GitPython provides object model access to your git repository. This tutorial is composed of multiple sections, each of which explains a real-life usecase.
The first step is to create a Repo object to represent your repository:
from git import * repo = Repo("/Users/mtrier/Development/git-python") assert repo.bare == False
In the above example, the directory /Users/mtrier/Development/git-python is my working repository and contains the .git directory. You can also initialize GitPython with a bare repository:
repo = Repo.init("/var/git/git-python.git", bare=True) assert repo.bare == True
A repo object provides high-level access to your data, it allows you to create and delete heads, tags and remotes and access the configuration of the repository:
repo.config_reader() # get a config reader for read-only access repo.config_writer() # get a config writer to change configuration
Query the active branch, query untracked files or whether the repository data has been modified:
repo.is_dirty() False repo.untracked_files ['my_untracked_file']
Clone from existing repositories or initialize new empty ones:
cloned_repo = repo.clone("to/this/path") new_repo = repo.init("path/for/new/repo")
Archive the repository contents to a tar file:
Repo instances are powered by its object database instance which will be used when extracting any data, or when writing new objects.
The type of the database determines certain performance characteristics, such as the quantity of objects that can be read per second, the resource usage when reading large data files, as well as the average memory footprint of your application.
The GitDB is a pure-python implementation of the git object database. It is the default database to use in GitPython 0.3. Its uses less memory when handling huge files, but will be 2 to 5 times slower when extracting large quantities small of objects from densely packed repositories:
repo = Repo("path/to/repo", odbt=GitDB)
The git command database uses persistent git-cat-file instances to read repository information. These operate very fast under all conditions, but will consume additional memory for the process itself. When extracting large files, memory usage will be much higher than the one of the GitDB:
repo = Repo("path/to/repo", odbt=GitCmdObjectDB)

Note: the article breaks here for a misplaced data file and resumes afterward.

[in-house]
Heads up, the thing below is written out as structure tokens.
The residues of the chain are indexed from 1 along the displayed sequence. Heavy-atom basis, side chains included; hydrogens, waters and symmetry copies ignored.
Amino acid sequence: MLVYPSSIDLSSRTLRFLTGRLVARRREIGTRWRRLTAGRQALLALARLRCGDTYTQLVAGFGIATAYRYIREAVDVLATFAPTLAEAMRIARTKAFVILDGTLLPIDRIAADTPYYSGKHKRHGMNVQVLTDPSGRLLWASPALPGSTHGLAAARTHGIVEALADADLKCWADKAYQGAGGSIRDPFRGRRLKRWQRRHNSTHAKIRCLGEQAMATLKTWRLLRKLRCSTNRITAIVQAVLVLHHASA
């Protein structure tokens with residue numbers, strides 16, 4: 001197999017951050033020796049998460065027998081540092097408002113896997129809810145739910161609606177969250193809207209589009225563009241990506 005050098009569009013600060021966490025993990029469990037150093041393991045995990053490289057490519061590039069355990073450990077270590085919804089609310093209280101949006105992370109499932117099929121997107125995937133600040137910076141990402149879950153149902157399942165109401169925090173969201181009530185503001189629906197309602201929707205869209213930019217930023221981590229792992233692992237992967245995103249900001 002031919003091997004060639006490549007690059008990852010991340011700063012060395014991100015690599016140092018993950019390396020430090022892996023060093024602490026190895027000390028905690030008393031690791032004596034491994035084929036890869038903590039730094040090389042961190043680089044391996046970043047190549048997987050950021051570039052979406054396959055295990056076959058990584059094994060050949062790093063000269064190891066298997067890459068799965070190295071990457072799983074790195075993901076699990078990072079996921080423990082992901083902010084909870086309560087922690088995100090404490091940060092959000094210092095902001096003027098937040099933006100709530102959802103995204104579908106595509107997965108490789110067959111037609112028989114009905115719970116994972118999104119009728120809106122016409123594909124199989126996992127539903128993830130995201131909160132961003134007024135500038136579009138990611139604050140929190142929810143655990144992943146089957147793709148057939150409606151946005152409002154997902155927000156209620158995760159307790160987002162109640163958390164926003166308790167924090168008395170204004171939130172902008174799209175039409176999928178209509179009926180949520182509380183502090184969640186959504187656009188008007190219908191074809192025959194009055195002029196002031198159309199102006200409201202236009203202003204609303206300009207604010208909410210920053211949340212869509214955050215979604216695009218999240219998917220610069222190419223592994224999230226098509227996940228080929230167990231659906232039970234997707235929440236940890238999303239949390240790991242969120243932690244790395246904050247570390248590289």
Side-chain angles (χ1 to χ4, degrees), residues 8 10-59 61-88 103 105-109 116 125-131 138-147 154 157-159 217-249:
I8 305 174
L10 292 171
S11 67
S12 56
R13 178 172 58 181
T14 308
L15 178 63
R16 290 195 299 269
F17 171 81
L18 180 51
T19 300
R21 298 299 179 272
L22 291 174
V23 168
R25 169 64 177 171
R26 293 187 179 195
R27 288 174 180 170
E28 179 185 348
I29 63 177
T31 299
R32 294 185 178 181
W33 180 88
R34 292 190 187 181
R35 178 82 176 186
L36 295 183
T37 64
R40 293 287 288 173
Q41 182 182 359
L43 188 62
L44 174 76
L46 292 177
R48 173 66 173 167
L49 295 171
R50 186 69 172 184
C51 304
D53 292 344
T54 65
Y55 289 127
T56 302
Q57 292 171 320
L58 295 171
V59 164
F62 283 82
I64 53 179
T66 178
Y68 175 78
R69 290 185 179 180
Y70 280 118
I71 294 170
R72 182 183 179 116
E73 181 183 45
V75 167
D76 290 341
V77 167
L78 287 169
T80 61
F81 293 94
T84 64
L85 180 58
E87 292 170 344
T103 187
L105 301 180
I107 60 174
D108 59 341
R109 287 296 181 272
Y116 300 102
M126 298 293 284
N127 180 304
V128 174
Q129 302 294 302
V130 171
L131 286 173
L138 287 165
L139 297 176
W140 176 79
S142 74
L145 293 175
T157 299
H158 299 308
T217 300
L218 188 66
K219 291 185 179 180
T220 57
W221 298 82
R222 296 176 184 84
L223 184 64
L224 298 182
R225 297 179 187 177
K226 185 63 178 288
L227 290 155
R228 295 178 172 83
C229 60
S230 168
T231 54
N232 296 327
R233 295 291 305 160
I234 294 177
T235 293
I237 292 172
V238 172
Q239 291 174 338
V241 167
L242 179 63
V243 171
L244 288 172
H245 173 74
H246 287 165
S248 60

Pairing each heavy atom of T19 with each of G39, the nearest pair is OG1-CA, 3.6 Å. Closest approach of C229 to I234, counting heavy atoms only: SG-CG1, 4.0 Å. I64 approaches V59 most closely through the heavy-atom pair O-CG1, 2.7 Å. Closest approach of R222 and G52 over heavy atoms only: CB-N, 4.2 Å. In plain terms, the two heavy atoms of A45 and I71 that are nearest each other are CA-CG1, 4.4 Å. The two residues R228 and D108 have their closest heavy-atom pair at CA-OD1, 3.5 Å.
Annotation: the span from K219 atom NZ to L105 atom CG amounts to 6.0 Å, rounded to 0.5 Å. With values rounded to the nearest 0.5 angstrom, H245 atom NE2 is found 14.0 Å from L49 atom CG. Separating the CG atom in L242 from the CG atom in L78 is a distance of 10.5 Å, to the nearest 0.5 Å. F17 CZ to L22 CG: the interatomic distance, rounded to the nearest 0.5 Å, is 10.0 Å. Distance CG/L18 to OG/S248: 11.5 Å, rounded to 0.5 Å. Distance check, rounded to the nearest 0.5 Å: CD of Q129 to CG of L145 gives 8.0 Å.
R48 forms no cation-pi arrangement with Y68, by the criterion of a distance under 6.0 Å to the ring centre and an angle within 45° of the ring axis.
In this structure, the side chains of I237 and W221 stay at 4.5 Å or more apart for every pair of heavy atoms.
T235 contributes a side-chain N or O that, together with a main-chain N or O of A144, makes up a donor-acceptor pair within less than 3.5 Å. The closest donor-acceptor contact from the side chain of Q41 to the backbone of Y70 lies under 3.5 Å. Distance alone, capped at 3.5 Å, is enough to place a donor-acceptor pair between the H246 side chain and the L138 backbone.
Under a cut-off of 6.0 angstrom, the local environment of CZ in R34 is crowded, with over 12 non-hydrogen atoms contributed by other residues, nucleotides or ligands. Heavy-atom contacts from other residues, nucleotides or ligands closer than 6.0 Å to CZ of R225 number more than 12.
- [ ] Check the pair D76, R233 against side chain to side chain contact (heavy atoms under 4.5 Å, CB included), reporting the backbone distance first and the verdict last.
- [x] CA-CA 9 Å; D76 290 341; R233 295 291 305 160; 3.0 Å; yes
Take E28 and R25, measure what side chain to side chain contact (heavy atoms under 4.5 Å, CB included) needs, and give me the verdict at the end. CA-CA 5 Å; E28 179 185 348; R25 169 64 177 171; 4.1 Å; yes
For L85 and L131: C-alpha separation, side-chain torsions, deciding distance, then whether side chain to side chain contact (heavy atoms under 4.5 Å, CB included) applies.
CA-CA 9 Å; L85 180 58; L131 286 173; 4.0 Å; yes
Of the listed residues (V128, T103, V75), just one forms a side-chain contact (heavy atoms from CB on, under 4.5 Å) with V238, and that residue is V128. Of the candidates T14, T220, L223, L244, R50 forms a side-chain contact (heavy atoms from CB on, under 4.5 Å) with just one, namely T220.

References are the tips of your commit graph from which you can easily examine the history of your project:
heads = repo.heads master = heads.master # lists can be accessed by name for convenience master.commit # the commit pointed to by head called master master.rename("new_name") # rename heads
Tags are (usually immutable) references to a commit and/or a tag object:
tags = repo.tags tagref = tags tagref.tag # tags may have tag objects carrying additional information tagref.commit # but they always point to commits repo.delete_tag(tagref) # delete or repo.create_tag("my_tag") # create tags using the repo for convenience
A symbolic reference is a special case of a reference as it points to another reference instead of a commit:
head = repo.head # the head points to the active branch/ref master = head.reference # retrieve the reference the head points to master.commit # from here you use it as any other reference
Access the reflog easily:
log = master.log() log # first (i.e. oldest) reflog entry log[-1] # last (i.e. most recent) reflog entry
For more information on the reflog, see the RefLog type’s documentation.
You can easily create and delete reference types or modify where they point to:
repo.delete_head('master') # delete an existing head master = repo.create_head('master') # create a new one master.commit = 'HEAD~10' # set branch to another commit without changing index or working tree
Create or delete tags the same way except you may not change them afterwards:
new_tag = repo.create_tag('my_tag', 'my message') repo.delete_tag(new_tag)
Change the symbolic reference to switch branches cheaply ( without adjusting the index or the working copy ):
new_branch = repo.create_head('new_branch') repo.head.reference = new_branch
An Object is anything storable in git’s object database. Objects contain information about their type, their uncompressed size as well as the actual data. Each object is uniquely identified by a binary SHA1 hash, being 20 bytes in size.